SpaceX launched a South Korean military satellite on July 20th, and just 8 minutes after launch, brought down the Falcon 9’s first stage onto a textbook landing onto its floating barge (‘Just Read The Instructions’) positioned some 645 kms down range —this was the 12th launch this year for SpaceX.
Not satisfied with recovering the expensive rocket, SpaceX’s two recovery vessels (‘GO Ms. Tree’ and ‘GO Ms. Chief’) also managed to collect the rocket’s two nose-cone fairings worth about $6 million a pair. Incidentally, this launch for the South Korean satellite represented a record in turnaround time, of just 51 days since the launch rocket last flew, and some two-weeks faster than the 63 days turnaround on the previous record-holder, a SpaceX rocket used in February.
The next launch, towards the end of July, will be carrying 57 more Starlink satellites (plus a few guest smallsats) and Elon Musk’s team is planning to use a booster that’s already flown five time, another SpaceX record use of its equipment.
Meanwhile, Elon Musk’s Starlink team is also working on the ground receive kit that will enable consumers to ‘plug and play’ and connect to Starlink. The well sourced rumors suggest the dish/antenna will measure just 19-inches across (about 48 cms). Musk has Tweeted that the antenna will incorporate motors to self-adjust to the best viewing angle.
Musk has also said that the dish/antennas will be easily erected by consumers. Perhaps. Certainly, if it’s a garden or patio, but higher than a building’s ground floor will need potentially risky ladders. The experts say that a Starlink satellite will be visible in the sky for about 18 minutes or so, which means that the user’s antenna/modem could be working hard to ‘catch’ the overhead signals and possibly posing potential problems in wear and reliability.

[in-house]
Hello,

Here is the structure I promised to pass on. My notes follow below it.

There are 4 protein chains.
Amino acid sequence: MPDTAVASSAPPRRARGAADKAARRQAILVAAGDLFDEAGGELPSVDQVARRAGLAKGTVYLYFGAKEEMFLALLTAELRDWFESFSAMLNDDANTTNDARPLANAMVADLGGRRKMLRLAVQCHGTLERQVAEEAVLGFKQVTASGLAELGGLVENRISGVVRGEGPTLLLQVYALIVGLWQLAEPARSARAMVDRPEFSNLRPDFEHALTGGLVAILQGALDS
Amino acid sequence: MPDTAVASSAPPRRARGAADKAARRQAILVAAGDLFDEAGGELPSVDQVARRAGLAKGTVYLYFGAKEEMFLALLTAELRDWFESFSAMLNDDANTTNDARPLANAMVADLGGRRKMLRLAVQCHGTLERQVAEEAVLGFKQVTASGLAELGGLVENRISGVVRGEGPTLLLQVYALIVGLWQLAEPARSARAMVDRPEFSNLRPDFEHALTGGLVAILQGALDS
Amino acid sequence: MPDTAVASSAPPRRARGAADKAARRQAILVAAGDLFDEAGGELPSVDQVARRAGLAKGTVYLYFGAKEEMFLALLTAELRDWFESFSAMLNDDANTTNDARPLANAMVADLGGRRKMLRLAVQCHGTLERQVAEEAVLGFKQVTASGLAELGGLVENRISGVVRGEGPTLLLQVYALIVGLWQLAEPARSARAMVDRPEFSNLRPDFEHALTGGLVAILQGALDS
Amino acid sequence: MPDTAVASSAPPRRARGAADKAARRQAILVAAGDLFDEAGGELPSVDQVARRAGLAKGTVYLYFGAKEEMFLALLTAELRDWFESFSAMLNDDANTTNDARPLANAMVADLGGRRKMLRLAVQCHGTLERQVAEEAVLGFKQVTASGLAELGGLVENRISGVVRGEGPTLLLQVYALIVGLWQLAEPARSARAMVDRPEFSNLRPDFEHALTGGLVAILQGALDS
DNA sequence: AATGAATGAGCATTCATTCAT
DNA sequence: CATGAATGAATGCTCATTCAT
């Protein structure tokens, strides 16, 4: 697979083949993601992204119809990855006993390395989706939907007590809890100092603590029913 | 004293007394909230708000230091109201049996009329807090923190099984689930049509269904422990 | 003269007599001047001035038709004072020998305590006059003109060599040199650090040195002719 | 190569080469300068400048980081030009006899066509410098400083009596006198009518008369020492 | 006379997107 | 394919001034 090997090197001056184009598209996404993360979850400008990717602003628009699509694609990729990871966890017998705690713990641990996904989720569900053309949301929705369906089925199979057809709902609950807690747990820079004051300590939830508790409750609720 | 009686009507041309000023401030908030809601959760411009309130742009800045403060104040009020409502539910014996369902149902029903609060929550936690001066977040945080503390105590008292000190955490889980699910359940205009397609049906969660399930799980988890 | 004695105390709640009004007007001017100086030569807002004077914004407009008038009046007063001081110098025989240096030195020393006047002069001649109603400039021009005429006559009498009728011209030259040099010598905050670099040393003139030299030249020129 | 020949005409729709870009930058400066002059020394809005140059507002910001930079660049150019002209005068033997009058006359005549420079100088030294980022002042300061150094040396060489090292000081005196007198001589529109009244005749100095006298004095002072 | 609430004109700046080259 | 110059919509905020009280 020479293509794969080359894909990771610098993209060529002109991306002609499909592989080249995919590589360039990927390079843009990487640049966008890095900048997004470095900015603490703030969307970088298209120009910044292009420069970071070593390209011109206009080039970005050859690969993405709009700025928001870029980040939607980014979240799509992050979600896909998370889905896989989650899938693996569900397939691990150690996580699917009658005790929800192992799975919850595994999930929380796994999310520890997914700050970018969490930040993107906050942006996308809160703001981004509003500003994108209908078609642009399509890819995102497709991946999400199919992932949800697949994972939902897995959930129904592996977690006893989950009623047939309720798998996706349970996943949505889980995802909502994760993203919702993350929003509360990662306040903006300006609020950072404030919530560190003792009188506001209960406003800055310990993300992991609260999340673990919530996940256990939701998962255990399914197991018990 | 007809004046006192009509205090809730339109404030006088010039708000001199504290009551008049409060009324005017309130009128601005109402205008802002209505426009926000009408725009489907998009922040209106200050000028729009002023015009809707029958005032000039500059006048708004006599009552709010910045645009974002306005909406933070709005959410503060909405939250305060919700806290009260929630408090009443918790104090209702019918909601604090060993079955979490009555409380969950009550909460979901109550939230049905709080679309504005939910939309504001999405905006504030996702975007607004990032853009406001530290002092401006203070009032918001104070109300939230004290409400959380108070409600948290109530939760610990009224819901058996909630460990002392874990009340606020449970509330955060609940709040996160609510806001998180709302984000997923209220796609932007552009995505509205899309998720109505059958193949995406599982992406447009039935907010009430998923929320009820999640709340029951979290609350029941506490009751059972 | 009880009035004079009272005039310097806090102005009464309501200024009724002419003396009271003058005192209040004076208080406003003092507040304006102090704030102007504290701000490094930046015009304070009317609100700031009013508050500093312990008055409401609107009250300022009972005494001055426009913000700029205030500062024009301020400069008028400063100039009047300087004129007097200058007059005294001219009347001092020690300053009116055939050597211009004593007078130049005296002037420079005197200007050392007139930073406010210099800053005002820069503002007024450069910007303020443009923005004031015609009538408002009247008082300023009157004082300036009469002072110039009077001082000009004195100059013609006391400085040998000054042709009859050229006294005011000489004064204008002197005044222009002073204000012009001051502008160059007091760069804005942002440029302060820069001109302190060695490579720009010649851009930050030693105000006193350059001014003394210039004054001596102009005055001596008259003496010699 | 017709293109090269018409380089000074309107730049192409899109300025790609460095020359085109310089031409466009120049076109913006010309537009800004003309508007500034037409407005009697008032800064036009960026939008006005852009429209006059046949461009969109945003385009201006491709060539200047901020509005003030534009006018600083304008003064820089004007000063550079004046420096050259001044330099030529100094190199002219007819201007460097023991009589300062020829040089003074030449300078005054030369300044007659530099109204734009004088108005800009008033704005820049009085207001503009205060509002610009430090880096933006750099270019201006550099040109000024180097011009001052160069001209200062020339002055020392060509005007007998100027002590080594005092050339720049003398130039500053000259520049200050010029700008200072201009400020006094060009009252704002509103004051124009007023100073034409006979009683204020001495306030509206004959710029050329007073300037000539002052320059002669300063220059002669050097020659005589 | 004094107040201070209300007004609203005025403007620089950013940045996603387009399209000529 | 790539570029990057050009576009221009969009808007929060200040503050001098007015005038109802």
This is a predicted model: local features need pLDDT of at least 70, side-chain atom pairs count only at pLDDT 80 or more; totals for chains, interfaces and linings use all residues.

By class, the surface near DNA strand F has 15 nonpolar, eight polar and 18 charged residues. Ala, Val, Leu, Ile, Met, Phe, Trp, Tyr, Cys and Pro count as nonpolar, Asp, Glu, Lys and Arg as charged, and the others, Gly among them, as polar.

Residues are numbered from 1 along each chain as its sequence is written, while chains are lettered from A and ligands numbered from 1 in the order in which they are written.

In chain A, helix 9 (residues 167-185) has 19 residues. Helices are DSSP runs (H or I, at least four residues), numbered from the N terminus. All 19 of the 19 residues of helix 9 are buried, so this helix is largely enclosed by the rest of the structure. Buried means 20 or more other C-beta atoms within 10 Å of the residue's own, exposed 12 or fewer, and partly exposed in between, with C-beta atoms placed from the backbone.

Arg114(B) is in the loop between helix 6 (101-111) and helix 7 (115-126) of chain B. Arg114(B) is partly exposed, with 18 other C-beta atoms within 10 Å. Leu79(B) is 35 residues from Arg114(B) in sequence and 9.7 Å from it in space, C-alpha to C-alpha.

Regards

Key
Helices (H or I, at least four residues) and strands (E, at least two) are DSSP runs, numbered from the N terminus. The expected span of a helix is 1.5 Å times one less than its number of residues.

Tim Farrar of TMF Associates, a close follower of Starlink’s plans, said Nebraska regulators were told recently by Starlink that download speeds of 100 Mb/s could be possible (and 40 Mb/s uploads), depending on the density of demand and number of satellites orbiting. “The question is, how many people can get 100 Mb/s?” Farrar asked.
The next question will be how much of the planet Starlink will serve? This is far from clear at the moment. We know that Starlink will be serving Alaska and perhaps other Northern US and Canadian locations this summer/autumn. The goal, based on past comments, is to offer near-global coverage “of the populated world” by 2021. The full complement of at least 12,000 satellites – and Musk has filings in place for up to 42,000 satellites – and totally blanketing the planet by 2027 and at affordable prices.
Moreover, the scheme calls for ‘new style’ connectivity to cars and trucks and including Musk’s plans for autonomous self-driving vehicles.
Report by journalist Chris Forrester,
filing at the Advanced Television infosite…